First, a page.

As you’ve aged, you’ve always kept up with your estate plan. You have a basic plan, but when you got married or divorced, you reviewed it and made changes. When new children were born, you added them as heirs.
One thing that you may also want to remember is that your estate plan should account for people passing away before you or before the assets can pass to them. If this is something you haven’t put into your plan, think about the reasons why it could be important.
For example, you may have your daughter as the single heir to your estate. If she is driving with you when you’re both involved in a fatal collision, then she will no longer be able to inherit the estate. Instead, the state’s laws will apply and pass it on to the next potential heir. If you have parents, siblings or other children, the estate could end up being split among them instead of going to your granddaughter or your daughter’s spouse.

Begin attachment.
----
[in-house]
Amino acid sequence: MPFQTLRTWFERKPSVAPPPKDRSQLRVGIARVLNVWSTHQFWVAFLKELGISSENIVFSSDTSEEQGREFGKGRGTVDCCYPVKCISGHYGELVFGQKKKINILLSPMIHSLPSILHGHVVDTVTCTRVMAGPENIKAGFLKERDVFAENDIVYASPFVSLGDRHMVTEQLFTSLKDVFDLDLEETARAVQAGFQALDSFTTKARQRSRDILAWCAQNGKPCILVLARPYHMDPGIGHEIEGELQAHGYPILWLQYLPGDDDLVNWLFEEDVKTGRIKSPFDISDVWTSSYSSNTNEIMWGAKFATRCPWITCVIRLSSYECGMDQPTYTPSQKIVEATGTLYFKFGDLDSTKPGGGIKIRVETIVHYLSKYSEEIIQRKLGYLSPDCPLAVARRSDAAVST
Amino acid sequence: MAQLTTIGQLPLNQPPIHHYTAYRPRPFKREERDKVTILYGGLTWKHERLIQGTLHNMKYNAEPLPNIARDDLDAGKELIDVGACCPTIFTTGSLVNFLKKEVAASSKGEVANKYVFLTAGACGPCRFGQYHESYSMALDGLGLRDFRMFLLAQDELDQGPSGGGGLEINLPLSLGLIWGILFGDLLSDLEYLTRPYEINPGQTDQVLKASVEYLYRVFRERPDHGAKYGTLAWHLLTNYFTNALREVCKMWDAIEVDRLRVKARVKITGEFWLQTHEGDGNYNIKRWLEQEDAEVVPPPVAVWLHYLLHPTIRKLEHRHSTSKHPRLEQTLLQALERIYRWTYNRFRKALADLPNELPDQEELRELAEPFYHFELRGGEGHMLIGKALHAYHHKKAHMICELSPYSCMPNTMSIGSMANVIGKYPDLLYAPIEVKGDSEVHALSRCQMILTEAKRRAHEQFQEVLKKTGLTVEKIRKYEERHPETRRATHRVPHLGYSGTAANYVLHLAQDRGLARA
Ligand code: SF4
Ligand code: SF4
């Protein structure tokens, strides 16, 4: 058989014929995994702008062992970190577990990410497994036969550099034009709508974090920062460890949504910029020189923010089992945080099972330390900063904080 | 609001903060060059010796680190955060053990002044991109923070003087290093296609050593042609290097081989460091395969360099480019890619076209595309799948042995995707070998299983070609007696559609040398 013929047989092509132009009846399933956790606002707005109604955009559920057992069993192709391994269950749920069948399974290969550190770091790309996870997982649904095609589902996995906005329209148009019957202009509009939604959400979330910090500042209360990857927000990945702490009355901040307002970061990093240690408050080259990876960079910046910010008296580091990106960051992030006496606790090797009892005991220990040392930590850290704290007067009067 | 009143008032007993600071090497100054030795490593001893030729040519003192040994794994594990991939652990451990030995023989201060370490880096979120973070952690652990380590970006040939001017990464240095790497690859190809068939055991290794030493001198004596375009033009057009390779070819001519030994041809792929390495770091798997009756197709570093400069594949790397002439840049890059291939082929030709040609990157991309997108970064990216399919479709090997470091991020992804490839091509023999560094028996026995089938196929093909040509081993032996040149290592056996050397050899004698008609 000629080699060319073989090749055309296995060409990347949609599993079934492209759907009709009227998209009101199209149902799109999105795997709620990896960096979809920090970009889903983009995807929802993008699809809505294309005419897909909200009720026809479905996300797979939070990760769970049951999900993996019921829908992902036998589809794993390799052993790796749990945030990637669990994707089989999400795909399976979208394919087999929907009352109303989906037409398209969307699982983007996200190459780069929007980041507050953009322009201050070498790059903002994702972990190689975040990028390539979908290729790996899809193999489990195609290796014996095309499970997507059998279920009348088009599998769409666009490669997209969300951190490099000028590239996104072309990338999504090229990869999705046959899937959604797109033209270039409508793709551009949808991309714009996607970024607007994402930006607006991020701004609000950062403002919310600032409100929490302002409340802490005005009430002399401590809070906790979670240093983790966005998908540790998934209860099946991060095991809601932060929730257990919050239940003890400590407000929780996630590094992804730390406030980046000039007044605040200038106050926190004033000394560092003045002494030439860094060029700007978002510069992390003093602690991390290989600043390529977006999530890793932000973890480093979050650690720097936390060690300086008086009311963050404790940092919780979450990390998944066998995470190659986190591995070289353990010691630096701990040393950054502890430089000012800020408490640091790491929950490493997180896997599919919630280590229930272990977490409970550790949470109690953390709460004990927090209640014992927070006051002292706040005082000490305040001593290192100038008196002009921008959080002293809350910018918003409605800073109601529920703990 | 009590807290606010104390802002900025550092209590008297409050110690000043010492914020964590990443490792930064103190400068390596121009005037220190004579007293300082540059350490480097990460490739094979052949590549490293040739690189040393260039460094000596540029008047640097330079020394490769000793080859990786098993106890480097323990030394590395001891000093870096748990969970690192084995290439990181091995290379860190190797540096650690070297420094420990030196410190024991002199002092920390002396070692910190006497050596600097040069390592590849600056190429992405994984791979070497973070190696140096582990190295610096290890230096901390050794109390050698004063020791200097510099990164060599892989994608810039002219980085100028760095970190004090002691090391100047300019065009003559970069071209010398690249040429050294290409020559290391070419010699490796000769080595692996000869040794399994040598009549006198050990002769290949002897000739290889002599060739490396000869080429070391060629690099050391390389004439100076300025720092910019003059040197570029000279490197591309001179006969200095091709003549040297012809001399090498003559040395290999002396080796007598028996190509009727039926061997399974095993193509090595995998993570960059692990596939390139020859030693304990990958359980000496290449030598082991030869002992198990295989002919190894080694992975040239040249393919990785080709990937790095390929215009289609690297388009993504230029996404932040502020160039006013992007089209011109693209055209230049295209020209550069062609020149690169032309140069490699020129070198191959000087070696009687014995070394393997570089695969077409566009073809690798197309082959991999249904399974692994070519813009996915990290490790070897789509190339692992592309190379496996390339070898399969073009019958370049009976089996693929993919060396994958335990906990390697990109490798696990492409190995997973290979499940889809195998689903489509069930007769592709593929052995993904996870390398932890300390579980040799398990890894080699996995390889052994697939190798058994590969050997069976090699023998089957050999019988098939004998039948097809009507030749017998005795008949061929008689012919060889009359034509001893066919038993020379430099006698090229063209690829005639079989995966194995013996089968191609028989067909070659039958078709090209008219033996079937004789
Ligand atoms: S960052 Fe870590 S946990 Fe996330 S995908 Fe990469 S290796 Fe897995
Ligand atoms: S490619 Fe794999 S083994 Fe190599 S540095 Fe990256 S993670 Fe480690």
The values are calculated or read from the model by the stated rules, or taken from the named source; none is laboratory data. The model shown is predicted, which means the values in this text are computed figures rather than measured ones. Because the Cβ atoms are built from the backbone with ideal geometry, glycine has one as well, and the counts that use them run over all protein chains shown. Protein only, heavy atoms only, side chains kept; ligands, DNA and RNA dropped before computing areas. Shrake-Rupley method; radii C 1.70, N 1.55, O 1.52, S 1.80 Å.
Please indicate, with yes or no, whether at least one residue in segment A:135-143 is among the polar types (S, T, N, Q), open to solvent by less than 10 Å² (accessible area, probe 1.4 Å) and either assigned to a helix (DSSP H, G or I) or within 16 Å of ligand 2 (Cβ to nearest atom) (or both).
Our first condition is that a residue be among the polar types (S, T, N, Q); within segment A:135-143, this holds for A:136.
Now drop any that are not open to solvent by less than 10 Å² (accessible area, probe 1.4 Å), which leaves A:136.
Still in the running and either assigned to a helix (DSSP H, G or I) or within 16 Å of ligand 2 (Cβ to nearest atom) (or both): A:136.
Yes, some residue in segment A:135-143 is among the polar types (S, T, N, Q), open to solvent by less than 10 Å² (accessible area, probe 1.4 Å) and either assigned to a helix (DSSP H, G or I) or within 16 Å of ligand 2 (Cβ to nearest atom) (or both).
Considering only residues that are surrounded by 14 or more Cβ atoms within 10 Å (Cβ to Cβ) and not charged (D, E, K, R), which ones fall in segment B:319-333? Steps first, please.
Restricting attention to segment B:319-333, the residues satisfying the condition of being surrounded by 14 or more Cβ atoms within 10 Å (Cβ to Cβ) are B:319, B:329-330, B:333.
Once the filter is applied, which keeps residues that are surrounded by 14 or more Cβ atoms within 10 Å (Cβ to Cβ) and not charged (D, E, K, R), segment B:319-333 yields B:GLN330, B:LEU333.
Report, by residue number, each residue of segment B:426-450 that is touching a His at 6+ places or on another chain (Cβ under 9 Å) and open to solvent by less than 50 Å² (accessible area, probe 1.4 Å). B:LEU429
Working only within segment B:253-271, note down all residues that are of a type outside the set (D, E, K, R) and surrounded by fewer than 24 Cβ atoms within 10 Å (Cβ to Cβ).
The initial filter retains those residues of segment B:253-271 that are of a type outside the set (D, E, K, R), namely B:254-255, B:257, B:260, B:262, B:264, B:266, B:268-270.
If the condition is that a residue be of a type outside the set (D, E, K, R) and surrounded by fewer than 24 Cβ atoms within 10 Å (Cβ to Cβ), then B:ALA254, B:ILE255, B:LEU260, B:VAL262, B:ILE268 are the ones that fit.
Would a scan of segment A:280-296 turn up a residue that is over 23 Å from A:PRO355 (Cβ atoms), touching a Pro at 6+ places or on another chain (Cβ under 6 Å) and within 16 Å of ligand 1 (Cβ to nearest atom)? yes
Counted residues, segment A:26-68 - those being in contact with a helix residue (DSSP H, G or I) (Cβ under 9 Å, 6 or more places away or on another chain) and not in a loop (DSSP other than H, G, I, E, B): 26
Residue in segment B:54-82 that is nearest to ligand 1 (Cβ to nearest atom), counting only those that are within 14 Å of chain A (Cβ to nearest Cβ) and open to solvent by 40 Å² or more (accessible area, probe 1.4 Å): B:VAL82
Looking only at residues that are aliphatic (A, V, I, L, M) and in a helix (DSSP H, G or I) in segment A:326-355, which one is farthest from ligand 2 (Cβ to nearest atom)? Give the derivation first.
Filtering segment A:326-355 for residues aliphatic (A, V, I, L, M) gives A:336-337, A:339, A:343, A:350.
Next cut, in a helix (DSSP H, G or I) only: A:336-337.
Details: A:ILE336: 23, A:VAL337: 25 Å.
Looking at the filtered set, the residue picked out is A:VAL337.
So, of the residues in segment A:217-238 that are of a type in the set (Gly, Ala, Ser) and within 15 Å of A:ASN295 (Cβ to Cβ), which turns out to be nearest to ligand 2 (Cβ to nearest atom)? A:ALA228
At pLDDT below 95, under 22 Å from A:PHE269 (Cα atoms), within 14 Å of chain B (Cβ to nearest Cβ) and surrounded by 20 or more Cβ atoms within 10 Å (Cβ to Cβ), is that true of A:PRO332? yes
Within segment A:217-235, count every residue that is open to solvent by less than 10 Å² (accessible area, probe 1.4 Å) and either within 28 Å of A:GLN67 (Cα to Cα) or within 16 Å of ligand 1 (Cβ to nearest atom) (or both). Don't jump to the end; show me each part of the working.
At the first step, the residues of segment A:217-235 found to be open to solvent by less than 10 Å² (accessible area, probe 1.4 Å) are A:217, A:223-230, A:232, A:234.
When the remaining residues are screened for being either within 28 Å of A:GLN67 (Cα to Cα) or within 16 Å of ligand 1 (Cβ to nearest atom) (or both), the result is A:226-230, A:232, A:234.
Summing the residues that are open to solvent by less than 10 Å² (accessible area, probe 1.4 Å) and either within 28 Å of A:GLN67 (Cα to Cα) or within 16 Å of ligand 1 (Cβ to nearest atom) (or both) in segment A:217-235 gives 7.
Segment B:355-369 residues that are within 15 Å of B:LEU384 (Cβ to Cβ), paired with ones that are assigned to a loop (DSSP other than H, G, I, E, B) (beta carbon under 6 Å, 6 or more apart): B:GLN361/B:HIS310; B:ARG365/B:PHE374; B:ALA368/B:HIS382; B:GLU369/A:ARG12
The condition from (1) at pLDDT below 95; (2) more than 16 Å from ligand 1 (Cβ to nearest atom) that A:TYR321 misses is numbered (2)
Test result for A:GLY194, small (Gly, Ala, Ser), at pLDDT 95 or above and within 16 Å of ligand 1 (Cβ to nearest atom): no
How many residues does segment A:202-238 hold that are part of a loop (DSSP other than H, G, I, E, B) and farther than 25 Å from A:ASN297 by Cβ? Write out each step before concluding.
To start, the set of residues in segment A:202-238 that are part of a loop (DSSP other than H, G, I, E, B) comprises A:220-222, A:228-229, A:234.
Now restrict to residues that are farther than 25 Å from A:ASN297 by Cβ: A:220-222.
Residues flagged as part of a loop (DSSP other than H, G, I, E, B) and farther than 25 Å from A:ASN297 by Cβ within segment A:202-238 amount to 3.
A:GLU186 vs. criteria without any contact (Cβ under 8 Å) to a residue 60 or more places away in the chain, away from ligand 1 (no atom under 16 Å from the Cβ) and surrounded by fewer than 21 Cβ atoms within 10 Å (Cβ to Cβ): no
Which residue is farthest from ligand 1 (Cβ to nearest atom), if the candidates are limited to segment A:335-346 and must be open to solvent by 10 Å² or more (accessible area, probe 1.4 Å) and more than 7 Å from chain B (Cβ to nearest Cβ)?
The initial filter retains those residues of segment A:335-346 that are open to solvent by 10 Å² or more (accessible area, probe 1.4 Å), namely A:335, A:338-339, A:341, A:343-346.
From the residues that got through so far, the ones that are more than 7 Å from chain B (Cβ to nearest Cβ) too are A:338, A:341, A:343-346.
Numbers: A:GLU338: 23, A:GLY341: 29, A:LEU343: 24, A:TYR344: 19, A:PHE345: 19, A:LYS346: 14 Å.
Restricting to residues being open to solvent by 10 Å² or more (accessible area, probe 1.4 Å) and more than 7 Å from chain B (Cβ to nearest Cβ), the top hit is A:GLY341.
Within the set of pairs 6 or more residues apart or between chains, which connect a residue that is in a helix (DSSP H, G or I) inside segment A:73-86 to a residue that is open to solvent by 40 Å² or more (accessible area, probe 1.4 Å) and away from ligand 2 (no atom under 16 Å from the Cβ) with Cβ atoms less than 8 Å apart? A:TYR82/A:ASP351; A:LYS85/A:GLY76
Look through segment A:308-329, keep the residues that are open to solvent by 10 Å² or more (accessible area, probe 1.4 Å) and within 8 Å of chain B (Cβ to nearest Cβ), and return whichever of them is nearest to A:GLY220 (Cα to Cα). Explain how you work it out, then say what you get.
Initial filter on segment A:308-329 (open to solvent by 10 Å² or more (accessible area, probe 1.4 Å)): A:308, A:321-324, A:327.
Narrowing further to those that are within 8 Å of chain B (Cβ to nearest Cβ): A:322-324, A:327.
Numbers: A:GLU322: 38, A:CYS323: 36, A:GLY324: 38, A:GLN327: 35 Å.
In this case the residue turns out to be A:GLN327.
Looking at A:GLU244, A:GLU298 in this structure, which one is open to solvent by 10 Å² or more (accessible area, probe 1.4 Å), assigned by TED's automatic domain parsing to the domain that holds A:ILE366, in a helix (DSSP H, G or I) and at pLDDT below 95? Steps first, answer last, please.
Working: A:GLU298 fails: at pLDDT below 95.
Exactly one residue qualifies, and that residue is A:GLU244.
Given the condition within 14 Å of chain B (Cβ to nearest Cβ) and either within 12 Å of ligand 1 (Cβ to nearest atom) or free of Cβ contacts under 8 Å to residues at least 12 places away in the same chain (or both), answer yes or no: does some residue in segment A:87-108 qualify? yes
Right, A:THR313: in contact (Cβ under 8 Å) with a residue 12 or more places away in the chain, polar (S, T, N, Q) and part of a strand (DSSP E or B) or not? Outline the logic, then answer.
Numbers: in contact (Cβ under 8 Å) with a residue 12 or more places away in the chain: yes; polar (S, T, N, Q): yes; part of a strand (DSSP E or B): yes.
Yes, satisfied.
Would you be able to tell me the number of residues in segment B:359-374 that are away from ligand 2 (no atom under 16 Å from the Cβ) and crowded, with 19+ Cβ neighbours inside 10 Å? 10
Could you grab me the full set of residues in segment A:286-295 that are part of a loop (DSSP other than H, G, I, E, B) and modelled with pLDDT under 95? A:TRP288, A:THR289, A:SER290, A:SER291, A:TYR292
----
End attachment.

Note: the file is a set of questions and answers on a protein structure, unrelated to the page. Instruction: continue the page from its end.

To avoid that kind of situation, something you can do is create contingency plans. For instance, you may include verbiage that states that you want your daughter to inherit the property. However, if she is unable to do so, you then want it to pass to her family or children specifically.
It’s normally a good idea to name multiple heirs if you don’t want the state to decide how to divide your estate during the probate process. Doing so can help you truly establish your wishes and make sure that the people you want to have benefit from your assets do so.